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Evaluating threat intelligence sources
#1
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[Image: evaluating-threat-intelligence-featured.jpg]

With the expanding attack surface and a growing sophistication of threats, just reacting to an incident is not enough. Increasingly complex environments provide multiple opportunities for attackers. Each industry and each organization has its own unique data to protect, and uses its own set of applications, technologies, and so forth. All of that introduces an enormous number of variables into possible methods of executing an attack, with new methods emerging daily.

Over the past few years, we have observed a blurring of boundaries between types of threat and types of threat actor. Methods and tools that were previously a threat to a limited number of organizations have spread to the broader market. One example of this is the dumping of code by the Shadow Brokers group, which put advanced exploits at the disposal of criminal groups that would not otherwise have had access to that kind of sophisticated code. Another example is the emergence of advanced persistent threat (APT) campaigns focused not on cyberespionage, but on theft — stealing money to finance other activities that the APT group is involved in. And the list goes on.

A new approach is needed

With enterprises increasingly falling victim to advanced and targeted attacks, it’s clear that a successful defense requires new methods. To protect themselves, businesses need to take a proactive approach, constantly adapting their security controls to the ever-changing threat environment. The only way to keep up with these changes is to build an effective threat intelligence program.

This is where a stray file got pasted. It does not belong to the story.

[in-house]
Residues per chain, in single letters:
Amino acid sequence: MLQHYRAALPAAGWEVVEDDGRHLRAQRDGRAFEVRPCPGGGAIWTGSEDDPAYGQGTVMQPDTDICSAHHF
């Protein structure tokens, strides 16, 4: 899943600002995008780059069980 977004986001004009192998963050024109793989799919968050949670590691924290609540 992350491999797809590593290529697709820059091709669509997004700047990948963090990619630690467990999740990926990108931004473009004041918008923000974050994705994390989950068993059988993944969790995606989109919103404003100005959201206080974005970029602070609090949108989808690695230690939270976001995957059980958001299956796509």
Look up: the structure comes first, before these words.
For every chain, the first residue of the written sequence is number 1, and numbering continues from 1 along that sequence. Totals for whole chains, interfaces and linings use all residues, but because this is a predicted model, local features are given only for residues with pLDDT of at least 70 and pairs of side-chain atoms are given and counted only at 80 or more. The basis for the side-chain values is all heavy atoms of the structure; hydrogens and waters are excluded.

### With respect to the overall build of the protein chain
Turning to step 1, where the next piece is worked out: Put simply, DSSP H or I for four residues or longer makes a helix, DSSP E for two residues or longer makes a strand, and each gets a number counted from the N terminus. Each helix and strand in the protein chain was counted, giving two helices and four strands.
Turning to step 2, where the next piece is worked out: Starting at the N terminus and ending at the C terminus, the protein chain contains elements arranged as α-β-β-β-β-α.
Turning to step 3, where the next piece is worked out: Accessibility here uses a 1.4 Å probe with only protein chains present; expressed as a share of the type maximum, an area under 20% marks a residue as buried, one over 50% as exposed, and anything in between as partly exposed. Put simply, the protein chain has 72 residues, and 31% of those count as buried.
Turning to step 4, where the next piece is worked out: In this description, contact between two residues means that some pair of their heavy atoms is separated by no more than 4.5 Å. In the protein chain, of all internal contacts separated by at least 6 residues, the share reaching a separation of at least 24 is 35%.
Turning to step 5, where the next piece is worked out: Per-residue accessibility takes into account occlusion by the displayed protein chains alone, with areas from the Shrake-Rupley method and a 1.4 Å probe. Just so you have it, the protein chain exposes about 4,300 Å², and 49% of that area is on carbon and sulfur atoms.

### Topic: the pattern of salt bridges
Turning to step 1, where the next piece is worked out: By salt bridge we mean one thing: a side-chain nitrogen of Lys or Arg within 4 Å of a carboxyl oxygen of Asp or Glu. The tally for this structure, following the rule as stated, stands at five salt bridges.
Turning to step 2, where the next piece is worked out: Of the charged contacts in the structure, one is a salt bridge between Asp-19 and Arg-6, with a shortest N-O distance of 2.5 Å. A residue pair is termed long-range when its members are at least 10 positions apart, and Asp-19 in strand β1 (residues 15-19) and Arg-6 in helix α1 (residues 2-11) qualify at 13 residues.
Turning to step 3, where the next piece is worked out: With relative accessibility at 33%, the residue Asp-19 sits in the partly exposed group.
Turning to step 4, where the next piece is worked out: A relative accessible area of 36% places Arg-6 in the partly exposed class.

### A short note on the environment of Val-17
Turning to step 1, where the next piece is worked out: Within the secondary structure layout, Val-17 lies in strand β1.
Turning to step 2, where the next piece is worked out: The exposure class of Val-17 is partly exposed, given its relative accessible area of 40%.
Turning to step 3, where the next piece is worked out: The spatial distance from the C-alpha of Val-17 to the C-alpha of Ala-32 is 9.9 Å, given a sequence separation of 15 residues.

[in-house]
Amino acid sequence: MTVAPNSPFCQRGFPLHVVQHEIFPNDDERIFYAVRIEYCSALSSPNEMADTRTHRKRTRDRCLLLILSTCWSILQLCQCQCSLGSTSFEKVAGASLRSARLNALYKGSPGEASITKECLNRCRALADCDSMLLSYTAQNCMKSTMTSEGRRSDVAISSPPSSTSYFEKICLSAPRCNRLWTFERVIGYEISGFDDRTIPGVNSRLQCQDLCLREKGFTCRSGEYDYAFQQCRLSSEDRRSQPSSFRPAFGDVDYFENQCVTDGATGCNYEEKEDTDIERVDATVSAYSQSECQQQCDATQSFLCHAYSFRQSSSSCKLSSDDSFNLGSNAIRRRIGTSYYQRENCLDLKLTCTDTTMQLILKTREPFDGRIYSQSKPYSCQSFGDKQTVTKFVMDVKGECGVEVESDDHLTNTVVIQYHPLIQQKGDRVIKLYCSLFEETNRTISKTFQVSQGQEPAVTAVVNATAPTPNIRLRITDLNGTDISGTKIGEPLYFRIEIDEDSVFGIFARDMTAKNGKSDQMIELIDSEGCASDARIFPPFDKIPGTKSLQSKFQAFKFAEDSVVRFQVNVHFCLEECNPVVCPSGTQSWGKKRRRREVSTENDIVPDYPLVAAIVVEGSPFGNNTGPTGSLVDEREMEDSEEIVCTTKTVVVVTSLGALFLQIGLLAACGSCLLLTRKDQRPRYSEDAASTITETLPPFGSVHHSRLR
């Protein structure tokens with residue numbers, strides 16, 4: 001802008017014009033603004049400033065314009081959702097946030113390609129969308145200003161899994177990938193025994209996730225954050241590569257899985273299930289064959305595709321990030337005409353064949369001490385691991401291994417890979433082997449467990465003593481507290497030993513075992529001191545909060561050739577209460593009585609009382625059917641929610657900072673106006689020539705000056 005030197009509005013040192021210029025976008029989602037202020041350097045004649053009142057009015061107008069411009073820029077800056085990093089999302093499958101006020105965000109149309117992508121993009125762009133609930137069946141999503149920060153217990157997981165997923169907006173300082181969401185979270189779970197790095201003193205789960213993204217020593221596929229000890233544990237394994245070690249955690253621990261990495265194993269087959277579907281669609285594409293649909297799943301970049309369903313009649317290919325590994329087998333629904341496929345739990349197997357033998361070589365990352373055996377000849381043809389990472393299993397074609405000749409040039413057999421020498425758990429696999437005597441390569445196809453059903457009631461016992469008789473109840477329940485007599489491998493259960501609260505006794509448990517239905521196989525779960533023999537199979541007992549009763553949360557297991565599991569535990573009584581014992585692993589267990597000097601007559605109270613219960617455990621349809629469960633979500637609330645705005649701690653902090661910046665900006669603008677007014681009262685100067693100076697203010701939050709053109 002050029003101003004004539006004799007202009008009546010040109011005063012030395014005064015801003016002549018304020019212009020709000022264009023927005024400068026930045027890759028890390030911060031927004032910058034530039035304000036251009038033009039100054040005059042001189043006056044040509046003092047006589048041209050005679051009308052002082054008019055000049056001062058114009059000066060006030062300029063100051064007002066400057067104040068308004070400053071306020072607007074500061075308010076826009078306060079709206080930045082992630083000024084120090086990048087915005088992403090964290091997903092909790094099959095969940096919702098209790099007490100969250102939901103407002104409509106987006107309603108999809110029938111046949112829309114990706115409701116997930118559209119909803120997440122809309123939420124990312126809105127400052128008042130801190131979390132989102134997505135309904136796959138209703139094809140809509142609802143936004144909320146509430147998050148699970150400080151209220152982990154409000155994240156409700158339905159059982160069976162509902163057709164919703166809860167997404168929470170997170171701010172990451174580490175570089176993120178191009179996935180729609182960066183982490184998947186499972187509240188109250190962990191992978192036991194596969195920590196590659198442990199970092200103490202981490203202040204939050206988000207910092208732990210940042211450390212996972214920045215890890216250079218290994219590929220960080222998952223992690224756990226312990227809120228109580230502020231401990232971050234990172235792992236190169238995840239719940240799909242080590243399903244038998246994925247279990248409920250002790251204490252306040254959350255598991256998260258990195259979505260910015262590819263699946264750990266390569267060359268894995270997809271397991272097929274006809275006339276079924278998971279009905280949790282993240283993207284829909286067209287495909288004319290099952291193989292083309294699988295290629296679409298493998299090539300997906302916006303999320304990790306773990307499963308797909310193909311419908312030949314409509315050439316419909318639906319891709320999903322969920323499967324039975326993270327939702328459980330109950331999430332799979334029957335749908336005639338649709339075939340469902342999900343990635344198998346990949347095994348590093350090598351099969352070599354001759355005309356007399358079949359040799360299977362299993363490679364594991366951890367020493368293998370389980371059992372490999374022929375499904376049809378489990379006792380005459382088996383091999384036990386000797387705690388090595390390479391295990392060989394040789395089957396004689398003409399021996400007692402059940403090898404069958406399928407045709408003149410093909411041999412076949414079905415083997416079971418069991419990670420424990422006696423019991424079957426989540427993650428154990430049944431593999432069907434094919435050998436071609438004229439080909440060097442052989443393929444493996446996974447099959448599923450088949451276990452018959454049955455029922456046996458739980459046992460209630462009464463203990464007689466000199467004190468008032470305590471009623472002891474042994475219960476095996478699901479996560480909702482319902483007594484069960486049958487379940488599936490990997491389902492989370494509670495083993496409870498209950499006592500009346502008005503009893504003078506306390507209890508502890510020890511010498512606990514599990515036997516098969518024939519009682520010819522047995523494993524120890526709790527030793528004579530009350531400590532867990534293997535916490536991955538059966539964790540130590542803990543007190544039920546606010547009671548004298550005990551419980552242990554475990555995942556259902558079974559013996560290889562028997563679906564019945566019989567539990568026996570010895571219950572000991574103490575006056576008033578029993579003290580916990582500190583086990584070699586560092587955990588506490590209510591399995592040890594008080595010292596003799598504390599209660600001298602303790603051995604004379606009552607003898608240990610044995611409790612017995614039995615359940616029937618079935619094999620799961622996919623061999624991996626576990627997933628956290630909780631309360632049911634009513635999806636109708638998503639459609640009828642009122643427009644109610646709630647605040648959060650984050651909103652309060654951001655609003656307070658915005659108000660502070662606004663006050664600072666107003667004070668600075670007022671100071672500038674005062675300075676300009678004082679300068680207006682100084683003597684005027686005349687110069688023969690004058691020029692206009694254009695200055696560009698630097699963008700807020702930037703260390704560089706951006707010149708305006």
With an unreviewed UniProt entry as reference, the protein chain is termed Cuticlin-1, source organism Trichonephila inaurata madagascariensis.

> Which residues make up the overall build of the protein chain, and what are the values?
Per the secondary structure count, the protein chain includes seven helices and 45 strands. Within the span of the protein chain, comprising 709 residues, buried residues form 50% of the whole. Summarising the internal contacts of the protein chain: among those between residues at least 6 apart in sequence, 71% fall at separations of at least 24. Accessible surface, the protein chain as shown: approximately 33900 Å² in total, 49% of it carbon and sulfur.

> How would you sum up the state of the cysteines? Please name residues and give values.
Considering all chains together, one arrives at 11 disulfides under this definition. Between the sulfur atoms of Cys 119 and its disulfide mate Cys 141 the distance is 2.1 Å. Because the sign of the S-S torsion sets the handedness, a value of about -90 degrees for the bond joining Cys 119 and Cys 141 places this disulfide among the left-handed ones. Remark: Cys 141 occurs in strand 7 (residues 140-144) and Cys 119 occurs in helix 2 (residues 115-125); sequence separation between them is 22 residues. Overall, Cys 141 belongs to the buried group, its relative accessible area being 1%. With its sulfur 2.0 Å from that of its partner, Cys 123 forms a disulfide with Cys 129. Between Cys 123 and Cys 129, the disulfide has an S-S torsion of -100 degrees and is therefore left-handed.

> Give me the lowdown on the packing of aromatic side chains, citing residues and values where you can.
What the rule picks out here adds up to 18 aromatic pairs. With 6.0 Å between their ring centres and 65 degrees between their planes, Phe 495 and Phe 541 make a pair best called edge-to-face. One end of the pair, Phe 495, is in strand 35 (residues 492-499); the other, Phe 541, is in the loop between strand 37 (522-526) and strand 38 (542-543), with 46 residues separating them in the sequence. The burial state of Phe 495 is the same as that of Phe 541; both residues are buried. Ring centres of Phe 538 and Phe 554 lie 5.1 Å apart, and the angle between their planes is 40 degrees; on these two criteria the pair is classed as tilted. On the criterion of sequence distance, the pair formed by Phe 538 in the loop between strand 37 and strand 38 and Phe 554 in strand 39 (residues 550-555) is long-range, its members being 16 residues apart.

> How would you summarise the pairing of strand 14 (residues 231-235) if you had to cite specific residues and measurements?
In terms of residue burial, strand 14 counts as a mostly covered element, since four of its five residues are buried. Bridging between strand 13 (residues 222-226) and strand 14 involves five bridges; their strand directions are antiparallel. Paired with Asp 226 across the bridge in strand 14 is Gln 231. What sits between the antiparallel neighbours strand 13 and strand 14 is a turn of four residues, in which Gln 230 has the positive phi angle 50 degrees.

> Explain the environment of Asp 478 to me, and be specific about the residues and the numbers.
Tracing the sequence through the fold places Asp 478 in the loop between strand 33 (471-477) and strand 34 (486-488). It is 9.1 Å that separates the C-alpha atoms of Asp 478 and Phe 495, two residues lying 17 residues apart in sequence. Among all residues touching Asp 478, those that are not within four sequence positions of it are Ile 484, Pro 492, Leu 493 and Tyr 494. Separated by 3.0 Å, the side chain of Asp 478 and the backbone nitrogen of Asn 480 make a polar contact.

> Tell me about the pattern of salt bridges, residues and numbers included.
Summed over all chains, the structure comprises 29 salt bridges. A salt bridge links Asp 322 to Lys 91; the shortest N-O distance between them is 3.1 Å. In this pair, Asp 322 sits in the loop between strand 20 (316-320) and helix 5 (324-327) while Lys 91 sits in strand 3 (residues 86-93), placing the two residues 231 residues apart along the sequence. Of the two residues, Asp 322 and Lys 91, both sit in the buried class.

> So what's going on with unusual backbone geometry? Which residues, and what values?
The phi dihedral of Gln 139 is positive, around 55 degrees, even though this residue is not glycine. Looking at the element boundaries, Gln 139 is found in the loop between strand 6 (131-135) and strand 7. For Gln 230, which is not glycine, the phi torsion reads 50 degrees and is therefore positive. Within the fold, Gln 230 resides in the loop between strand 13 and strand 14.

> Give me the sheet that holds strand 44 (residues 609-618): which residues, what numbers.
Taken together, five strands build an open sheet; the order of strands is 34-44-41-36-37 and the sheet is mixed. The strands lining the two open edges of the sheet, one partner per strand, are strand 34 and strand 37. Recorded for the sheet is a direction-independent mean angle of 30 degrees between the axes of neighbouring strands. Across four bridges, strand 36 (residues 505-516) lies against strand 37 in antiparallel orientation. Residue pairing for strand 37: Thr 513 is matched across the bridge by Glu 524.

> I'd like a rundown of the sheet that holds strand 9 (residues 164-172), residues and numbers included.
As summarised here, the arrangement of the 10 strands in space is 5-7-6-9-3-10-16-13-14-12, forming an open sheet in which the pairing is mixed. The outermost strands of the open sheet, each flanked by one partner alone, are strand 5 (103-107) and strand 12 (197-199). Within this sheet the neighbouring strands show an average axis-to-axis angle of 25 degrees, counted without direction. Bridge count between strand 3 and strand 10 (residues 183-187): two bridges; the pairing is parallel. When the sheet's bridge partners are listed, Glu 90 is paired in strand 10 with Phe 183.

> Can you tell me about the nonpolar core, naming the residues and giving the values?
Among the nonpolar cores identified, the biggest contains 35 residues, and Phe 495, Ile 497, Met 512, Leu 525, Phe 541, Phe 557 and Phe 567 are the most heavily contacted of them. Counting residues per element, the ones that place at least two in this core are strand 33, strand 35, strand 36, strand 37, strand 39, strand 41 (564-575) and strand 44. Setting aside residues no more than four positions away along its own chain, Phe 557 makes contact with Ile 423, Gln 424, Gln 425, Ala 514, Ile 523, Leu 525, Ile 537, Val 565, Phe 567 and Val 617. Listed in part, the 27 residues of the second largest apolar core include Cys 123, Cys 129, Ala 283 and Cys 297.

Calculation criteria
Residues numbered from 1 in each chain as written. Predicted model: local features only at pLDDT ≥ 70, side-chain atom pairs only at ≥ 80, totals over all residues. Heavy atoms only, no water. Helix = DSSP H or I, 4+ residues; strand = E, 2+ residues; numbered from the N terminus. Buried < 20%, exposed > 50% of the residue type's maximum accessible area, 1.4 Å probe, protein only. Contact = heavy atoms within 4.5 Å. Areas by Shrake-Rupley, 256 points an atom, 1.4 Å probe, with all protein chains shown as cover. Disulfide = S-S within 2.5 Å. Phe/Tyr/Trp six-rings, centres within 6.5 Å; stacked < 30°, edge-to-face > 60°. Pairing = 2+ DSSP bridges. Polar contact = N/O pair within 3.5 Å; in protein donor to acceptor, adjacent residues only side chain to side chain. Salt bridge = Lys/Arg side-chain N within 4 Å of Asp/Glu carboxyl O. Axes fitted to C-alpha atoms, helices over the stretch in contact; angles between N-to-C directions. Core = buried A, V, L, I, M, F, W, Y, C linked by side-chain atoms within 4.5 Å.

Threat intelligence has already become a key component of security operations established by companies of varying sizes across all industries and geographies. Provided in human-readable and machine-readable formats, threat intelligence can support security teams with meaningful information throughout the incident management cycle and inform strategic decision-making.

However, the growing demand for external threat intelligence has given rise to an abundance of threat intelligence vendors, each offering a host of different services. An extensive and competitive market with innumerable, complex options can make choosing the right solution for your organization highly confusing and extremely frustrating.

Threat intelligence that isn’t tailored to the specifics of your business can exacerbate the problem. In many companies today, security analysts spend more than half their time sorting out false positives instead of on proactive threat hunting and response, leading to a significant increase in detection times. Feeding irrelevant or inaccurate intelligence to your security operations will drive the number of false alerts even higher and have a serious, negative impact on your response capabilities — and the overall security of your company.

Where the best intelligence lives…

So, how do you evaluate the numerous threat intelligence sources, identify the ones that are most relevant to your organization, and effectively operationalize them? How do you navigate the enormous amounts of meaningless marketing with almost every vendor claiming that its intelligence is the best?

These questions, although valid, are definitely not the first ones that you should be asking. Attracted by flashy messages and lofty promises, many organizations believe that an external vendor can provide them with some kind of superpower X-ray vision, completely overlooking the fact that the most valuable intelligence resides within the perimeter of your own corporate network.
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[-] The following 1 user Likes harlan4096's post:
  • JM Safe
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#2
With the time malware threats worldwide become always more advanced and more smart and so harder to detect and defeat. On the other side we have also very good security methods that need to be updated constantly to be ready to fight against new malicious threats but at the same time not detecting too false positives.
[-] The following 1 user Likes JM Safe's post:
  • harlan4096
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